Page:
Wednesday, July 04, 2007

Happy Fourth of July

From sea to shining sea...and to those overseas as well!

Quizzie Time: Decades Gone By

Loosely (very loosely) inspired by this post and exchange:

The Thirties. Take this quiz!

That's reasonably close. I would've said '30s/'40s. Or as the Little Brother once said, "You were born old." Thanks, bro. It's true, though.

And on an even more random note...

I am a knife!

What Kitchen Utensil are You?

Hmm. I'd have said "bowl" because I use them much more often than plates. I guess I do have a tendency to expound whilst cooking, a natural outgrowth of which includes emphatic gesticulation while holding cutlery. Knives are pretty darned useful, too, though.

Monday, June 18, 2007

Tuesday, June 12, 2007


I admit it: not being the World's Greatest Law Student frequently worries me. I fret that this means I won't be the World's Greatest Lawyer, and will therefore not have a job, &c., &c. (I never claimed this was a rational fear.)

However, as the Great and Wise Nomad Mom--who would be an outstanding President but who'll never take the job--is wont to say, "if Ted Kennedy can make it through, so can you." Just now, I've come across another weapon for her arsenal for whenever I end up taking the bar and if, God forbid, I ever end up in a courtroom due to some truly evil stroke of misfortune:

But the hype was at times nearly overwhelming. To take just one example, it was often said that Mrs. Clinton had been judged one of the top lawyers in America. But both books point out that she failed the District of Columbia bar exam when she took it fresh out of Yale Law School. (Bernstein’s recounting of her years at Yale give the impression that she trained as much to be a social worker as a lawyer.) Of the 817 people who took the exam with Mrs. Clinton, Bernstein tells us, 551 — that’s 67 percent — passed, “most from law schools less prestigious than Yale.” The fact that Mrs. Clinton failed is not a scoop — after keeping it a secret for many years, she revealed it in a little-noticed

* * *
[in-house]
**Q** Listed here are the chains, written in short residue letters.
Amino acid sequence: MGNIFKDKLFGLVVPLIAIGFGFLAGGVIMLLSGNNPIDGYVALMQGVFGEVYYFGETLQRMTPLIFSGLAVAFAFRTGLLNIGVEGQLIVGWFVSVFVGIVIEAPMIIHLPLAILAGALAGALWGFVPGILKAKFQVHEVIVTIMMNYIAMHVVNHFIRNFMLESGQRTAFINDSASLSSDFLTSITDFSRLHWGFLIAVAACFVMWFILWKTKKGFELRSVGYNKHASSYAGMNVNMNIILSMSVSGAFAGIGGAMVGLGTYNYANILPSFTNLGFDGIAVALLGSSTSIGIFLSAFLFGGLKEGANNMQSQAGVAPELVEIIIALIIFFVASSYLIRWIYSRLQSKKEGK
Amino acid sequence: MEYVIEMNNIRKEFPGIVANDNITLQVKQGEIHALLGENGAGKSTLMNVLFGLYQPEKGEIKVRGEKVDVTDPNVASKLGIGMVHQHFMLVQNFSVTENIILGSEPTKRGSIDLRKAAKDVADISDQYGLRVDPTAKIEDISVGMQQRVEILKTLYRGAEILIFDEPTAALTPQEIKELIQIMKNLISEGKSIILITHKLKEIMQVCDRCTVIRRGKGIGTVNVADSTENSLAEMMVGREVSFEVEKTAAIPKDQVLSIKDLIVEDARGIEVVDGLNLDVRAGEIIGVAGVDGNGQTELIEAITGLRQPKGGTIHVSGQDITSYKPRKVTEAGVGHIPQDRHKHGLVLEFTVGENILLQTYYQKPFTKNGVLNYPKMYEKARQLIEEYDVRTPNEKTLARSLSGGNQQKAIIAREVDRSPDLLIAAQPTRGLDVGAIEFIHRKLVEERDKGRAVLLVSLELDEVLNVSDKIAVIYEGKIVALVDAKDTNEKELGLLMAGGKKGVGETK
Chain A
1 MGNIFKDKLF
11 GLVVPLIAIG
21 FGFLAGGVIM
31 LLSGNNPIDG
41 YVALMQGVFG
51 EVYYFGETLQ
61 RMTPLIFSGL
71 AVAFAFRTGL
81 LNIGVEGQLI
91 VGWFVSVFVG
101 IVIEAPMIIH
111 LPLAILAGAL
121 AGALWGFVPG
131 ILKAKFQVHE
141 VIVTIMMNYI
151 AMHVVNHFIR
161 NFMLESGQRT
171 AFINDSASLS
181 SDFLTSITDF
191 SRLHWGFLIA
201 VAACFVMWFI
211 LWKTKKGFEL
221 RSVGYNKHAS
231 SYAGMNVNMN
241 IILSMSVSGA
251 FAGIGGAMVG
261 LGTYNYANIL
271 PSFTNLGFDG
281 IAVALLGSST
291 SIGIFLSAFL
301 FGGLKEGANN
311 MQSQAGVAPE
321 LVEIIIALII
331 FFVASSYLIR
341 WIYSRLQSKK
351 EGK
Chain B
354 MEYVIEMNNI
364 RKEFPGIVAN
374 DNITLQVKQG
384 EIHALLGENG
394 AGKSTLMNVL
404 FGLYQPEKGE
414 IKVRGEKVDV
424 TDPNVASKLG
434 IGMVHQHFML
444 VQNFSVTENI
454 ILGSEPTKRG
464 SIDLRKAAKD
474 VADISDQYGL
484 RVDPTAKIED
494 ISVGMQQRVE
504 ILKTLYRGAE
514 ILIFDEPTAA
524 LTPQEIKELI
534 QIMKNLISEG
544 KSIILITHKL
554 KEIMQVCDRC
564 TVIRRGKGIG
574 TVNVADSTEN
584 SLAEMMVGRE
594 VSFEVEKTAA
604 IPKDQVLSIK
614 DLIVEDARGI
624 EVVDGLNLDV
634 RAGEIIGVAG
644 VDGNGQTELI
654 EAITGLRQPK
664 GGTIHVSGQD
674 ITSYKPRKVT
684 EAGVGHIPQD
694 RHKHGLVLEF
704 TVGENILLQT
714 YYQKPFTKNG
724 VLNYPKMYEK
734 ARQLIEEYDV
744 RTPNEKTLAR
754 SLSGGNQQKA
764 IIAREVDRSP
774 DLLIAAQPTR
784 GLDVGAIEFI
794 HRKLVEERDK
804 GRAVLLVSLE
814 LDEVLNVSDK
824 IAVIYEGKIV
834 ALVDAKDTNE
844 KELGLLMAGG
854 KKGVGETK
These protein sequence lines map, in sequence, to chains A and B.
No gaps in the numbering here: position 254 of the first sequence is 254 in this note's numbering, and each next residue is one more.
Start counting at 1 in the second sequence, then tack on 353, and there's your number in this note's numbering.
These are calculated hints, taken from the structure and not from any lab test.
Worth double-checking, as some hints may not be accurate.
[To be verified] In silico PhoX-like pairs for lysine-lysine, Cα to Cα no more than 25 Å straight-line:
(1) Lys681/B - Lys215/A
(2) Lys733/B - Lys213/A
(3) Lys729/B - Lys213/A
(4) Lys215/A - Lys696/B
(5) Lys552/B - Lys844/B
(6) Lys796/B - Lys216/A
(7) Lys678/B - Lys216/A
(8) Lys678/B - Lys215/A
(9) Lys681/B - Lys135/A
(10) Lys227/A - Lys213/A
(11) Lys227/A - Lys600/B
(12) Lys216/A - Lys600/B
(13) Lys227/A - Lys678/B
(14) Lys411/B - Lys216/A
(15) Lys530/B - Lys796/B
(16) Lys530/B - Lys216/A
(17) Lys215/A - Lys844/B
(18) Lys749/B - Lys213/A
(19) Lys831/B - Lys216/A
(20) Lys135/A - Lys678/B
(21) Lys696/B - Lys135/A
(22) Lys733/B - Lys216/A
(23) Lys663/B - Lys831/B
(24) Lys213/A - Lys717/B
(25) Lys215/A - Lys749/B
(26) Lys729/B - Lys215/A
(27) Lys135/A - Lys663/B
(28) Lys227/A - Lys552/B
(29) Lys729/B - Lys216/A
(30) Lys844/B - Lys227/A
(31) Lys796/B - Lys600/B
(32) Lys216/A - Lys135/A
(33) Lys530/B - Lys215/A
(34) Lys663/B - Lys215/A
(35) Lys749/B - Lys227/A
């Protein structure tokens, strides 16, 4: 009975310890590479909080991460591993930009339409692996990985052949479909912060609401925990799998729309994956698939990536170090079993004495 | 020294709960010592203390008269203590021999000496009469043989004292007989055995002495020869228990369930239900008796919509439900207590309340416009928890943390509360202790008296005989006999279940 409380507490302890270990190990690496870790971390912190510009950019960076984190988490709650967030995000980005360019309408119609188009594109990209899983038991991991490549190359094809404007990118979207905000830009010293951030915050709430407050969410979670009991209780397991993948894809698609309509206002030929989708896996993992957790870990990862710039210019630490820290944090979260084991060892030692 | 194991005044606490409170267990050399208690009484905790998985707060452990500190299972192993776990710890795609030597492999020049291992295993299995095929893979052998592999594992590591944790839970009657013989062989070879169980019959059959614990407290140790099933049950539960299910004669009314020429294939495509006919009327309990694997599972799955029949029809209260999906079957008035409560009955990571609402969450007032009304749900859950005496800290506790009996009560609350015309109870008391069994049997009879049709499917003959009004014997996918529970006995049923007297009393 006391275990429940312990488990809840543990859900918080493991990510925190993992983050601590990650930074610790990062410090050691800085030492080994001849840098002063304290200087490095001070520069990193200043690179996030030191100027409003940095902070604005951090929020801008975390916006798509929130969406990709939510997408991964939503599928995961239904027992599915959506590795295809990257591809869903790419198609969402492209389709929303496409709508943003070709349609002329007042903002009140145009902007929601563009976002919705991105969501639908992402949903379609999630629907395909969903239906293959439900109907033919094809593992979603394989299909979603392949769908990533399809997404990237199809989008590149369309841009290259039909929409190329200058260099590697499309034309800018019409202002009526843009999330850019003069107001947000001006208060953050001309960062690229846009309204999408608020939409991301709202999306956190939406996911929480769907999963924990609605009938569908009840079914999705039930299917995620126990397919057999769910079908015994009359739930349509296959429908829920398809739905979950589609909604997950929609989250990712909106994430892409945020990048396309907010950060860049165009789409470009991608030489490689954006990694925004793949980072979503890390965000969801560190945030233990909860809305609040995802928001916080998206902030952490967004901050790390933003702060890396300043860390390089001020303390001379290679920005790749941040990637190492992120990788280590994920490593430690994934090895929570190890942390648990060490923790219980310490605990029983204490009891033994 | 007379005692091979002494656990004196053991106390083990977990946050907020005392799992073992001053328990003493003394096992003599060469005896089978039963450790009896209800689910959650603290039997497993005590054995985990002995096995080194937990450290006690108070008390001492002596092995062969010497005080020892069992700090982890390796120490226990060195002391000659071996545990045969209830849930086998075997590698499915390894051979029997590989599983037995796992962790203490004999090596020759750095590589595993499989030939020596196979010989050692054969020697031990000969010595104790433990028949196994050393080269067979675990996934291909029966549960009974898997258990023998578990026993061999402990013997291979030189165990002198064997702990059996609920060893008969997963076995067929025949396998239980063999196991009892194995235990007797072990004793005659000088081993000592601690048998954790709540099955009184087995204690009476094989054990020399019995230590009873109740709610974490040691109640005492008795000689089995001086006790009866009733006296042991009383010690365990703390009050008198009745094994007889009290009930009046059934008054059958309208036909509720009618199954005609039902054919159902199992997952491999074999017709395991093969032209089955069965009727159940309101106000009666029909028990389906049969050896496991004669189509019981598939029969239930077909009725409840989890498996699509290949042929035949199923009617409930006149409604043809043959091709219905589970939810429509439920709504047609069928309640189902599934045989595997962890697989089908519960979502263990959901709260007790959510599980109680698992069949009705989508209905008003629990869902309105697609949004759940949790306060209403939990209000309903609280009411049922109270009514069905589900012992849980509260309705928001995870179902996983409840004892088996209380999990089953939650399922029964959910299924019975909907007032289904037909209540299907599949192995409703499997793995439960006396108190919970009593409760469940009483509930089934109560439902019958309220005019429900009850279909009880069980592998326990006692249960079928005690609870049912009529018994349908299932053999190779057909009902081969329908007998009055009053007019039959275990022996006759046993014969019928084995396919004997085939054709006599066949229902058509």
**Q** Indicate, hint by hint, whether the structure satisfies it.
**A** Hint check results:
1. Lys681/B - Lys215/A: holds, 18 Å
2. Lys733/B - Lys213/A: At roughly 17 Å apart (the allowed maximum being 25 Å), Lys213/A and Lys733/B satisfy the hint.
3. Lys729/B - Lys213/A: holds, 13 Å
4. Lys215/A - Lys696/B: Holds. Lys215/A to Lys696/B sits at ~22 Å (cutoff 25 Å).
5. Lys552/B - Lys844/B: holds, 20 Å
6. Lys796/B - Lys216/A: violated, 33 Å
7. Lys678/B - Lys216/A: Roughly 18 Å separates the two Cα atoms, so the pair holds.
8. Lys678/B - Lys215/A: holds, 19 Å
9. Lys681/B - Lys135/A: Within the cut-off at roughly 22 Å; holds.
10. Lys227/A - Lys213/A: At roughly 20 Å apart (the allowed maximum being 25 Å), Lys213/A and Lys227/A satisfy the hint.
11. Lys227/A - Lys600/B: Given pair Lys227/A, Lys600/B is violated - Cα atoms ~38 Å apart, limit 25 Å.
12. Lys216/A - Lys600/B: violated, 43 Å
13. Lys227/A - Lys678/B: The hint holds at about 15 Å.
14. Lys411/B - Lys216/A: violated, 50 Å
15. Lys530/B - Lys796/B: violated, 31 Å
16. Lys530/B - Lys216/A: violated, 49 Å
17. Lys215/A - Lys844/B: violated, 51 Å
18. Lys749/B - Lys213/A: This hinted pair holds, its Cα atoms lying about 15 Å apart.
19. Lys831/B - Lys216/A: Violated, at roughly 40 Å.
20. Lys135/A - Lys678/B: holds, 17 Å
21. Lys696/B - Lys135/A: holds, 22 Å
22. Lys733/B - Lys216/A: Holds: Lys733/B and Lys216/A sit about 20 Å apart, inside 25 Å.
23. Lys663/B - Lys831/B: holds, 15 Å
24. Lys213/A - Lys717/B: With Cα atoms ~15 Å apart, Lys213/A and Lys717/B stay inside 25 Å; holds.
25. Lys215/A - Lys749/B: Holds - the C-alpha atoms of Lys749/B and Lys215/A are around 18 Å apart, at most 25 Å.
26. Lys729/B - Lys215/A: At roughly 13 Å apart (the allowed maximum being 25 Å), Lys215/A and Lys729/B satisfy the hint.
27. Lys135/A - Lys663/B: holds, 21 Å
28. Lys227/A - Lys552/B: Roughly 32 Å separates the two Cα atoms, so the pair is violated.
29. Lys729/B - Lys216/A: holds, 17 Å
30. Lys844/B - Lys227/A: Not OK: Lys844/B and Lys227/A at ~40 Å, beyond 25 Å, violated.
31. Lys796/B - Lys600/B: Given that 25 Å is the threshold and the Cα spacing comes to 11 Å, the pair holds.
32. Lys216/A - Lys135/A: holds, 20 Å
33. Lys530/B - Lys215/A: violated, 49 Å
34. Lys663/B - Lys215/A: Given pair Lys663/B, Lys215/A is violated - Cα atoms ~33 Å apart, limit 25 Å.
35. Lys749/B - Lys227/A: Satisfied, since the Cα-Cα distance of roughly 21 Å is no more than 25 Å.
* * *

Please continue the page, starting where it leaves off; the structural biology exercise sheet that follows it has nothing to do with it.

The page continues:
passage of her memoir, Living History — but it will receive new attention now. (She was also, by the way, unimpressive in the courtroom, and Bernstein reports that her worried Rose Law Firm partners “began steering her practice toward nonjury work.”)

Phew! I feel better already. Don't worry, though--I've no plans to run for Senate, President, or First Lady of anything, or even to try a hand at cattle futures. In all fairness* to HRC, though, hindsight appears to offer a cautionary lesson on hype for aspiring political power brokers: very few of those aspirants will in practice be consistently brilliant strategists or truly great politicians.

*However, having one's White House portrait painted with one's hand on one's book is, well, tacky. On that point, I am unshakeable.

Tuesday, June 05, 2007

With Bated Breath

I hope these bettors are wide of the Mark:

Bookies are certain Harry's a goner.